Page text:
But once those fake dollars run out, look out!

Last edited 2 years ago by William Hickey
Samir Iker
SI
Samir Iker
2 years ago

Because black people are racists who will vote for black candidates from the party they consider to be black.

While White people are not racist and vote across parties

Similar for muslims / blacks and Labour, if not for their block votes Labour would be in far worse state

Ethniciodo Rodenydo
ER
Ethniciodo Rodenydo
2 years ago
Reply to  Samir Iker

So you mean that in any city in the UK which has a large ethnic population both political parties have to put up an ethnic candidate in order to stand a chance but it is OK for the parties to parachute ethnic candidates into white constituencies safe in the knowledge that the candidates ethnicity will not count against them.
Glad you cleared this up

Samir Iker
SI
Samir Iker
2 years ago

Where did you thing Rishi Sunak has a greater chance of being elected – a working class white region full of supposed “racists” or a constituency full of muslims and blacks.

I am Indian origin. In a country that’s 85% white, I have faced or heard of zero racism towards Indians from whites, and multiple incidents from blacks / muslims

Warren T
Warren T
2 years ago

The reason is that Chicago is about 85% democrat. It’s all part of a machine, like the author mentions. The white business leaders, and the black political leaders all feed in the same trough.
It’s interesting that the author didn’t mention the abysmal murder rate in Chicago for blacks, which are virtually all committed by other blacks. That is the main reason for the low life expectancy in those neighborhoods. Chicago has been the distribution hub for heroine in the U.S. for a while now. But no one talks about it.

Chris Mochan
CH
Chris Mochan
2 years ago

“create community-based stakeholder coalitions to develop targeted strategies to improve community and individual wellness”. These may be warm words,

I wouldn’t say warm words. More like meaningless words disguised as ‘doing something’.

Cathy Carron
Cathy Carron
2 years ago

Chicago’s financial problems stem from the excessive burden of its pension fund – the second highest in the nation (CT is #1). Illinois politicians have been kicking this can down the road for decades not tackling it head on. Until this ball & chain of a financial burden is addressed Chicago is going nowhere.

William Hickey
William Hickey
2 years ago
Reply to  Cathy Carron

It won’t be addressed. The pension fund will go bankrupt and Chicago will go on its hands and knees to Washington for a bailout.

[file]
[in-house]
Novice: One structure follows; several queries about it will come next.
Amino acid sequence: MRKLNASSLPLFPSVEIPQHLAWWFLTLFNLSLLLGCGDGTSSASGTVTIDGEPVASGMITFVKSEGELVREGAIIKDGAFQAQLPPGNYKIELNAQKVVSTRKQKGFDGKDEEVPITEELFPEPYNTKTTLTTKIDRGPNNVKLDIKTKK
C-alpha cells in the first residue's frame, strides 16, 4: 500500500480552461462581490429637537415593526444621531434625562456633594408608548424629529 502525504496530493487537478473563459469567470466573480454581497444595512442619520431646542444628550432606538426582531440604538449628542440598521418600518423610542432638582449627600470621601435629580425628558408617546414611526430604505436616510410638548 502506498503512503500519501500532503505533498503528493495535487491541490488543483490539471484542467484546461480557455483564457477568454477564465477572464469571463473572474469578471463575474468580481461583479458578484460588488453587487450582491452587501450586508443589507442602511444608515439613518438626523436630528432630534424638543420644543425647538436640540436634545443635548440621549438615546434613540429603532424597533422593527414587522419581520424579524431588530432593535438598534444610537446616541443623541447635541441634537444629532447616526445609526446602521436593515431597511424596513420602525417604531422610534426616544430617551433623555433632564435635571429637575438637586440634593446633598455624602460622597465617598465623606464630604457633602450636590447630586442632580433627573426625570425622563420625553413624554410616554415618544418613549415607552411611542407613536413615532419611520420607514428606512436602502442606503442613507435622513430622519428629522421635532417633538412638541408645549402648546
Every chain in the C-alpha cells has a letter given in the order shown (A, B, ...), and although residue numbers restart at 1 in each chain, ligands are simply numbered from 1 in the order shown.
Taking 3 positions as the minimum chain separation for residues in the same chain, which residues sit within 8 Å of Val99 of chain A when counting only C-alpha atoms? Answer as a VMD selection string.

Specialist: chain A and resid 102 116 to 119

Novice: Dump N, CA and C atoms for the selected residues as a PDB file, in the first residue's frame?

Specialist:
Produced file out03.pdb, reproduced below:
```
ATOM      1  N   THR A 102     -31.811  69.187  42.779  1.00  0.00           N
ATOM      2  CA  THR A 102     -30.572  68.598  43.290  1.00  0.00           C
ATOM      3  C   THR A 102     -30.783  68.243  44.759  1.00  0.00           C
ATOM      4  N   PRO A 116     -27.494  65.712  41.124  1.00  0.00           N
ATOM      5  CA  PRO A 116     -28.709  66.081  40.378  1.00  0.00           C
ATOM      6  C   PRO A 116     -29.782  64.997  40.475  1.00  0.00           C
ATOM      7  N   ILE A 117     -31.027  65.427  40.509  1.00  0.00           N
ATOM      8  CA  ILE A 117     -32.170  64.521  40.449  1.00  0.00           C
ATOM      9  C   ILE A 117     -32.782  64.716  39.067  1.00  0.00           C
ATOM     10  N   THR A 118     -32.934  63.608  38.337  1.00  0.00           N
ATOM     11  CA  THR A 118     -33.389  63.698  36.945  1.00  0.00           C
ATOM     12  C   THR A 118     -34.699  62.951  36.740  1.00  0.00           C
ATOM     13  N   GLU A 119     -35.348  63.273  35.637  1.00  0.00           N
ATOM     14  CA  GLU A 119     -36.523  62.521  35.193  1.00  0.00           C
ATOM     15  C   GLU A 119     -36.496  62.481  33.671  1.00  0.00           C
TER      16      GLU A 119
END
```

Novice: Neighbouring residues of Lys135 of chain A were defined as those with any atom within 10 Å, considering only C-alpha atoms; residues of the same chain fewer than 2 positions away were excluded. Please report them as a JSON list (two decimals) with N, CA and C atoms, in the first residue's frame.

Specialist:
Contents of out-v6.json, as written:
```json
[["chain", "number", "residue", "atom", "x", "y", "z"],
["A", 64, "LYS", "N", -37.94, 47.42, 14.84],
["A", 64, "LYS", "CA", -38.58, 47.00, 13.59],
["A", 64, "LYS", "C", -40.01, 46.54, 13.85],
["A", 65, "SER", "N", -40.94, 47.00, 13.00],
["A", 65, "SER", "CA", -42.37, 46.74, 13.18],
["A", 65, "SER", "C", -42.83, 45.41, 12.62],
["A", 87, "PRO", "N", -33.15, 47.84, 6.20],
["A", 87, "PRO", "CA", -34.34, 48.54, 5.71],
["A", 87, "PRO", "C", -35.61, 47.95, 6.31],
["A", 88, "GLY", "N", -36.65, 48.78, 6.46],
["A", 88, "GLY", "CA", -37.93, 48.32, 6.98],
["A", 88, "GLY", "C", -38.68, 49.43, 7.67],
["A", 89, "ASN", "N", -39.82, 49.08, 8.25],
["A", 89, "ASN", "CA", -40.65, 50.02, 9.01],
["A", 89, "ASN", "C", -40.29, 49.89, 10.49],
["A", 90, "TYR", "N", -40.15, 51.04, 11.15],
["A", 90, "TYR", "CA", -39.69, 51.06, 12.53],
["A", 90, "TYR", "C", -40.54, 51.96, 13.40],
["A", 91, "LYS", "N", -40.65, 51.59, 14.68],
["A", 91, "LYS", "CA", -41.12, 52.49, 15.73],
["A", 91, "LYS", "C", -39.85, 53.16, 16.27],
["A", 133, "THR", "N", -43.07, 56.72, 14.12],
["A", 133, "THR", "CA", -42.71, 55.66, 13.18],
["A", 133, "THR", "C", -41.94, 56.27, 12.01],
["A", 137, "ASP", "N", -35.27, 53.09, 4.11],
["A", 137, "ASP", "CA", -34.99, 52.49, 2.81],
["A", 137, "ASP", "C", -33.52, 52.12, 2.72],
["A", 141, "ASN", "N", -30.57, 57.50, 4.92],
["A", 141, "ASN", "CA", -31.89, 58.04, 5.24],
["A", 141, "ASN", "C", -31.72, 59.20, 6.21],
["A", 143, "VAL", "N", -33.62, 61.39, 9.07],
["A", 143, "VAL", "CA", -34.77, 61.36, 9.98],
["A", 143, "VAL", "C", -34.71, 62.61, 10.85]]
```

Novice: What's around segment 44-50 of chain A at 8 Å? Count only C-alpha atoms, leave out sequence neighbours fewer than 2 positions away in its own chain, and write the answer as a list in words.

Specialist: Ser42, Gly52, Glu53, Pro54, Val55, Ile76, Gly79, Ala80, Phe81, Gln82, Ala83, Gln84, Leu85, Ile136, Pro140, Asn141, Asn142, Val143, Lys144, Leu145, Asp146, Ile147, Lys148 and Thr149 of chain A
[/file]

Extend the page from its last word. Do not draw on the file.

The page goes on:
Lightfoot was allowed to become the mayor to take that fall.

Better that nobody who at least has a lot of diversity Pokémon points than those who were actually responsible.

Warren T
Warren T
2 years ago

As someone who grew up on the streets of Brooklyn, NY and a Chicago area resident for 20 years, I’ve seen social project after project built for inner city poor folks, who were predominately black. In each and every case, the housing development, along with all the tangential projects, like parks and special enterprise zones, have been abandoned due to the residents destroying them. Over and over again. The cycle never ends.

chris sullivan
CS
chris sullivan
2 years ago
Reply to  Warren T

Always seems to be the case if an individual demands ‘help’ from outside rather than ‘internally’ ie self help is what gets things done vs handouts. Humans have a strong tendency towards passivity’ laziness’ and violence – why are these factors not accepted ??? Once the R word is used as a cop out all is doomed – so obvious, so stuck – is it any wonder that people who can just move out because there is no other option because nothing meaningful CAN happen in this climate.!

William Hickey
WH
William Hickey
2 years ago
Reply to  Warren T

Correct. That is the huge missing question and subsequent knee jerk assumption of this guy’s article.

When blacks moved into solid old Chicago neighborhoods and took them over as the whites fled (for some reason), why didn’t the property values increase?

Why didn’t the new black neighborhoods become magnets for commerce, drawing in people from the surrounding areas to partake and enjoy the new restaurants and attractions of the rejuvenated stores and public spaces?

Why didn’t white families try to get their kids enrolled in the new majority black schools that were fast becoming educational vanguards?

Why didn’t movie theaters and other retail businesses expand into the inner-cities to exploit the new clientele there?

And why instead is it immediately and tacitly assumed that when blacks move in, neighborhoods deteriorate and need “white money” to survive? — not prosper, survive.

You know, you know…

D Hockley
D Hockley
2 years ago

If you want to see real mortality rates, education levels and general living conditions of black populations that live without white intervention, go and look at Africa.
 
when you have the data, come back to me and let’s talk.

William Hickey
William Hickey
2 years ago
Reply to  D Hockley

Love those “informal settlements.”

Chris Eaton
Chris Eaton
2 years ago

There is no paradox. Black people have, by and large, shown a complete inability to govern themselves. Pick a city, county, or country. If it is run by blacks it is in complete disarray. But, you know, when you have a population that is educated by these black run systems there will never be any real change. That’s why white people don’t live in urban areas….until they have been completely gentrified.

Christopher Barclay
CB
Christopher Barclay
2 years ago

There is nothing inevitable about house prices falling. You just need to make the people living in inner city neighbourhoods high earners. That starts with education.